Q&A on Fox Hunting and the Offset Attenuator
Fox Hunt Offset Attenuators are available in the store.
Are you an expert fox hunter?
We’ll get this one out of the way with a definite NO. I just like to do a little hunting during the summer months. But over the decades I have tracked down many things from foxes, jammers, interference, and in the shack RFI issues.
Why a beam antenna?
I have played and seen multiple fox hunting antenna types over the decades including phased verticals and doppler types such as the dopplescan ($$$) and double ducky direction finder. In all the tape measure beam with an offset attenuator seems to be the biggest bang for the buck.
What kind of antenna do you use?
The tape measure beam by wb2hol. These can be made for almost nothing using some PVC pipe and T’s, an old tape measure (Think Harbor Freight free coupon!), and a few other odds and ends. Don’t have hose clamps? No problem, substitute cable ties, etc.
One change for those to try…… There is a hairpin at the feed point of the driven element. Some some strange reason (maybe just me) but I find the antenna to work better without it.
What does the offset attenuator do?
The offset attenuator is nothing more than an oscillator, 4MHz for example, and a mixer diode. The input signal from the antenna is mixed producing lower level signals at plus and minus the receiving frequency. So for example you are hunting a jammer on 146.52MHz. Just tune your radio to 142.52MHz or 150.52MHz and start swinging the beam. The attenuator has a potentiometer to raise or lower the amount of drive going from the oscillator into the diode. This in turn raises or lowers the offset frequency signal level, in cases to almost zero!
In other cases the signal can still be too strong, especially when your within feet of the fox box. In that case keep tuning up or down in multiples of 4MHz (138.52, 134.52, 130.52 or 154.52, 158.52, 162.52….. in the above examples). Each 4MHz harmonic mix will be even more signal reduction.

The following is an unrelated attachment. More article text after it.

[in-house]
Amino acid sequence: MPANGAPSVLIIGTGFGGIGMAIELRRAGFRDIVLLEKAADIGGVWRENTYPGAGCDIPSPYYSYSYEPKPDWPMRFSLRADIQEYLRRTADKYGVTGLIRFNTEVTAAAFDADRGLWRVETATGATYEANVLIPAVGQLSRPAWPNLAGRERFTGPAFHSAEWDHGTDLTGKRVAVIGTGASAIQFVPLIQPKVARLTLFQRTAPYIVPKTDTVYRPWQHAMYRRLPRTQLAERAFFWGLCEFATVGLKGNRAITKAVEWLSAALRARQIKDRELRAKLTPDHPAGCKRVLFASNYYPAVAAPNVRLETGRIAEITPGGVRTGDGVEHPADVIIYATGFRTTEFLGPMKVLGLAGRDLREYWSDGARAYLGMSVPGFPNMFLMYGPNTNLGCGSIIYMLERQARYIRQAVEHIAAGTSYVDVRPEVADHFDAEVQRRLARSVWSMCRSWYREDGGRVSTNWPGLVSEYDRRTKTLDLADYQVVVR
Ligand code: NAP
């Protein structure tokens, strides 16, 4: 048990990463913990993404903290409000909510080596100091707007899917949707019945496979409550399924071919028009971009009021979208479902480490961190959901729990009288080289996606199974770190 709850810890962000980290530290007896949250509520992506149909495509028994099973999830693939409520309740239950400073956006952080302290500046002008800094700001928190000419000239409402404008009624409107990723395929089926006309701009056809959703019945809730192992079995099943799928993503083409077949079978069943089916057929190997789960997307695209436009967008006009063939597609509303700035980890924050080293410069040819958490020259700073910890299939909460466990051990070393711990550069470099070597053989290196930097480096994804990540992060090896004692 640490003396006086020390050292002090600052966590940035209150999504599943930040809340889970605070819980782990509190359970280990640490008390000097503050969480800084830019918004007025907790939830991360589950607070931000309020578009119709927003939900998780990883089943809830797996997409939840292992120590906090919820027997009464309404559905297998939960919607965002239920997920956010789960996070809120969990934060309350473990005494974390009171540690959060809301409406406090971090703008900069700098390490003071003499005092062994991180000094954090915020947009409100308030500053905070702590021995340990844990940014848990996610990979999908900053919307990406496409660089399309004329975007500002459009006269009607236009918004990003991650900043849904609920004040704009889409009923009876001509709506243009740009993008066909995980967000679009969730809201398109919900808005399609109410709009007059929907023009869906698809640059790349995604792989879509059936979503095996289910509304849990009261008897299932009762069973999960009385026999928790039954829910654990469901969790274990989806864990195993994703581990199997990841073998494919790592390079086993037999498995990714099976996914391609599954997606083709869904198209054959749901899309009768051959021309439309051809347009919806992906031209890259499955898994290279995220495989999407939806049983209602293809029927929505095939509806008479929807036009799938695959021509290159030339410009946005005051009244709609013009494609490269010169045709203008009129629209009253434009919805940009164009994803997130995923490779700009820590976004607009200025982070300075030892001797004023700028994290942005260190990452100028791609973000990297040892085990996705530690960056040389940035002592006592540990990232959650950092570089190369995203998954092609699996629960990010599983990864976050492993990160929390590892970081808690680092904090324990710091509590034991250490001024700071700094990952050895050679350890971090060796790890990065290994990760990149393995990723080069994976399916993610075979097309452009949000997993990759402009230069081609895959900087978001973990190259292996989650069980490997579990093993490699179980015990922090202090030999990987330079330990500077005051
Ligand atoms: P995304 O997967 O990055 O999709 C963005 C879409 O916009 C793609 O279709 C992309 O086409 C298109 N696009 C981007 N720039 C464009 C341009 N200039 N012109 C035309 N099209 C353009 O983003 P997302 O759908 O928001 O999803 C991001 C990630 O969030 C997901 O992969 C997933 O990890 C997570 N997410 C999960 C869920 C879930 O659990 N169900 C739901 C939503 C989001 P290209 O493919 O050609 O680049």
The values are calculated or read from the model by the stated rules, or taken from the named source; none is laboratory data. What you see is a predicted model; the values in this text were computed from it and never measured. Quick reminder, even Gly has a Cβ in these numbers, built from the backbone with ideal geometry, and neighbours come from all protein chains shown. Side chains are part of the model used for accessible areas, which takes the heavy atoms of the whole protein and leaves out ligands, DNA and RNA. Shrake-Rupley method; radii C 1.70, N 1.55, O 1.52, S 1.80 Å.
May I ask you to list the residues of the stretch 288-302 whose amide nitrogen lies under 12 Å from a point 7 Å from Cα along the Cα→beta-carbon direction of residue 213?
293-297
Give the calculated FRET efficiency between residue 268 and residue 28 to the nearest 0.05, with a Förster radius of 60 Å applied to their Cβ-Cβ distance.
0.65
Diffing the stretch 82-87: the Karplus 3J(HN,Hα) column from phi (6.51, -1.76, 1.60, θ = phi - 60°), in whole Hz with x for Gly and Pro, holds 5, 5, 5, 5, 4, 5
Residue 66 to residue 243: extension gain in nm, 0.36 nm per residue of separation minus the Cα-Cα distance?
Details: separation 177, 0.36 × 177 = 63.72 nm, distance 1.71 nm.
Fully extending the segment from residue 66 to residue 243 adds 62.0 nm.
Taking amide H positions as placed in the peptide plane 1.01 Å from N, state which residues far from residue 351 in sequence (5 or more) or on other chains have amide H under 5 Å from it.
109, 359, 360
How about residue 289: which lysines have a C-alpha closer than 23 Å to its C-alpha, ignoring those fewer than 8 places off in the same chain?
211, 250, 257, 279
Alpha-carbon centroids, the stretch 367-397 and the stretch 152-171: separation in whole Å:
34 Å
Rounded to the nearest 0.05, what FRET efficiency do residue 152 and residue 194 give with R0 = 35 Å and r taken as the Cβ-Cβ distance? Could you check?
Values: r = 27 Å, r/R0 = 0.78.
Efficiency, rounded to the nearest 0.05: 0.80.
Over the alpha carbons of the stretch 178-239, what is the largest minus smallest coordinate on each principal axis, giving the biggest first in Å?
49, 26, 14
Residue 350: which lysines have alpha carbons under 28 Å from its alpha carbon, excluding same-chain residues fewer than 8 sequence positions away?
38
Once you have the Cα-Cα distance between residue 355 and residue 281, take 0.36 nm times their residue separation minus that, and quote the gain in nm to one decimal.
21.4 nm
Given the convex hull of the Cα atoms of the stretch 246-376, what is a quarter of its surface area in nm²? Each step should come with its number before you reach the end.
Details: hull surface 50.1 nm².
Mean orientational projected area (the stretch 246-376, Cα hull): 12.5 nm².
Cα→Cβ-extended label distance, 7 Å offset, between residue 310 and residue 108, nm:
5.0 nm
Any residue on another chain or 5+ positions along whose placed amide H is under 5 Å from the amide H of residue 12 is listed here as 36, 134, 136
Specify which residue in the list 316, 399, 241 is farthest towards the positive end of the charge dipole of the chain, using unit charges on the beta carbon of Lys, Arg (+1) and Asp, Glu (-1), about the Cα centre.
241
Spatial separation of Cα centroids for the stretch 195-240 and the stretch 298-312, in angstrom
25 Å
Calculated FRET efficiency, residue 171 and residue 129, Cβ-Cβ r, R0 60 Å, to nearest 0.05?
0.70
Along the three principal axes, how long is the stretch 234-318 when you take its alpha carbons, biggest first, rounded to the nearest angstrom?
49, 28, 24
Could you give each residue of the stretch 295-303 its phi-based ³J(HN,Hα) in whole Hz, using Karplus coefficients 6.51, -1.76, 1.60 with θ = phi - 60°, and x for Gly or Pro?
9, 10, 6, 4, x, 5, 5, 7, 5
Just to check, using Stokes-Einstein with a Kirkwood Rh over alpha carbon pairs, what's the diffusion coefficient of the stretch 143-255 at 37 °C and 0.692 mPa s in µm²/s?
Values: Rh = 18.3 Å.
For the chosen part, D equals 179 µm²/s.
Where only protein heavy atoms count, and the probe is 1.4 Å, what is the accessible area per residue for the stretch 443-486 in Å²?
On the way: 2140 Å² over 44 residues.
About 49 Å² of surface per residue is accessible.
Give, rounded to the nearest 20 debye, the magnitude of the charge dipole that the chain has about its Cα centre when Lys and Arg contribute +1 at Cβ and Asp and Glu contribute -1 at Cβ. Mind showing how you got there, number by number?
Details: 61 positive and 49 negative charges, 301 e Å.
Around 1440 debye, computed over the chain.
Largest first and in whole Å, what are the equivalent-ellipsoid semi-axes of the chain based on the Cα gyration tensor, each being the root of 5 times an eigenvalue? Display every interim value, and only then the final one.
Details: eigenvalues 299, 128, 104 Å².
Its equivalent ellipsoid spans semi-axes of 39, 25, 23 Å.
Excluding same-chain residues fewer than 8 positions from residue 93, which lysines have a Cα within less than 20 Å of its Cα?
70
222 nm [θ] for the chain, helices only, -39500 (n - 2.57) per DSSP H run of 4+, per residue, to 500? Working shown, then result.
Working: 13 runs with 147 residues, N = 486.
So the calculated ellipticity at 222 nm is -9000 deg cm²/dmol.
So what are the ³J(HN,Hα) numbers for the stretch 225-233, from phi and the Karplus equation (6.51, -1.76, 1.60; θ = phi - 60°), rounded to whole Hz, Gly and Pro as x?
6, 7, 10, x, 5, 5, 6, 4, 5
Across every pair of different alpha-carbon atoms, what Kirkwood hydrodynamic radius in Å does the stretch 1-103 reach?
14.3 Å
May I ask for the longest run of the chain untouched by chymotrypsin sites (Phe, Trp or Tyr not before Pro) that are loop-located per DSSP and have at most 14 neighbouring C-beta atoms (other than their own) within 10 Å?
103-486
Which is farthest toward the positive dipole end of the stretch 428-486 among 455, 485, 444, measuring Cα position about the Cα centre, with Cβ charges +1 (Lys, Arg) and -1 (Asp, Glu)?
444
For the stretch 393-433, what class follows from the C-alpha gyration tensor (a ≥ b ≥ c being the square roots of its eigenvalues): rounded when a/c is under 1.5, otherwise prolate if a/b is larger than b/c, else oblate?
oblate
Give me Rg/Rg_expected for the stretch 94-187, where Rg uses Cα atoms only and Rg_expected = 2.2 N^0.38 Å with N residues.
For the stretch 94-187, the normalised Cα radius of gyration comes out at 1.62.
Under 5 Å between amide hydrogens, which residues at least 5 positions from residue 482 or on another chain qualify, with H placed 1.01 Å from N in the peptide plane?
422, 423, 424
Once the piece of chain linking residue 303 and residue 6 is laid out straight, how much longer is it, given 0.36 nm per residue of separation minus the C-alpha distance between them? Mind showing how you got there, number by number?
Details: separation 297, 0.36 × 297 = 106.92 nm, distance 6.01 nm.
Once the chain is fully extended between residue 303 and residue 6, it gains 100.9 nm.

Any other hunting tips?
The biggest advice I can give you is to know your antenna! I use the the local Nation Weather Service radio station to learn where my beam has it’s peaks and nulls. This gives you a nice fixed location and transmission. Speaking of nulls…… you may find on some beams that the backward or side NULL makes a better detector than the forward peak. It all gets back to taking some time to lean how your particular antenna works.
Need a good cheap radio for fox hunting? Check the garage sales and thrift stores for hand held programmable scanners. You can pick them up CHEAP – around $1-$10! Other advantages are they have a REAL squelch knob, non-ham/kid proof (no PTT to transmit or destroy the attenuator – perfect for scouts, etc.), and pre-programming the fox frequency in 4MHz increments to quickly change attenuation levels. Did I mention dirt cheap? I have yet to pay more than $5 for them.
Where can I get an enclosure for the offset attenuator?
My first enclosure was an old hand me down Bud box re-purposed. You can see that in the fuzzy picture at the top of the page.
The second one was hand built using aluminum flashing and a bench vise for a hand brake. It looks pretty bad, like it took a fall out of the car on I-75. So we won’t show a picture of that one!
The latest V3 board is a slightly more rectangular size and fits in a 1/2″ PVC junction box available from the big box hardware stores for about $2.50. Search for UPC 0-34481-20749-8. The only downfall is there is no room for the 9V battery. Probably enough for small ones though. Dimensions for drilling and be found on the last page of the foxhunt-v5-manual manual.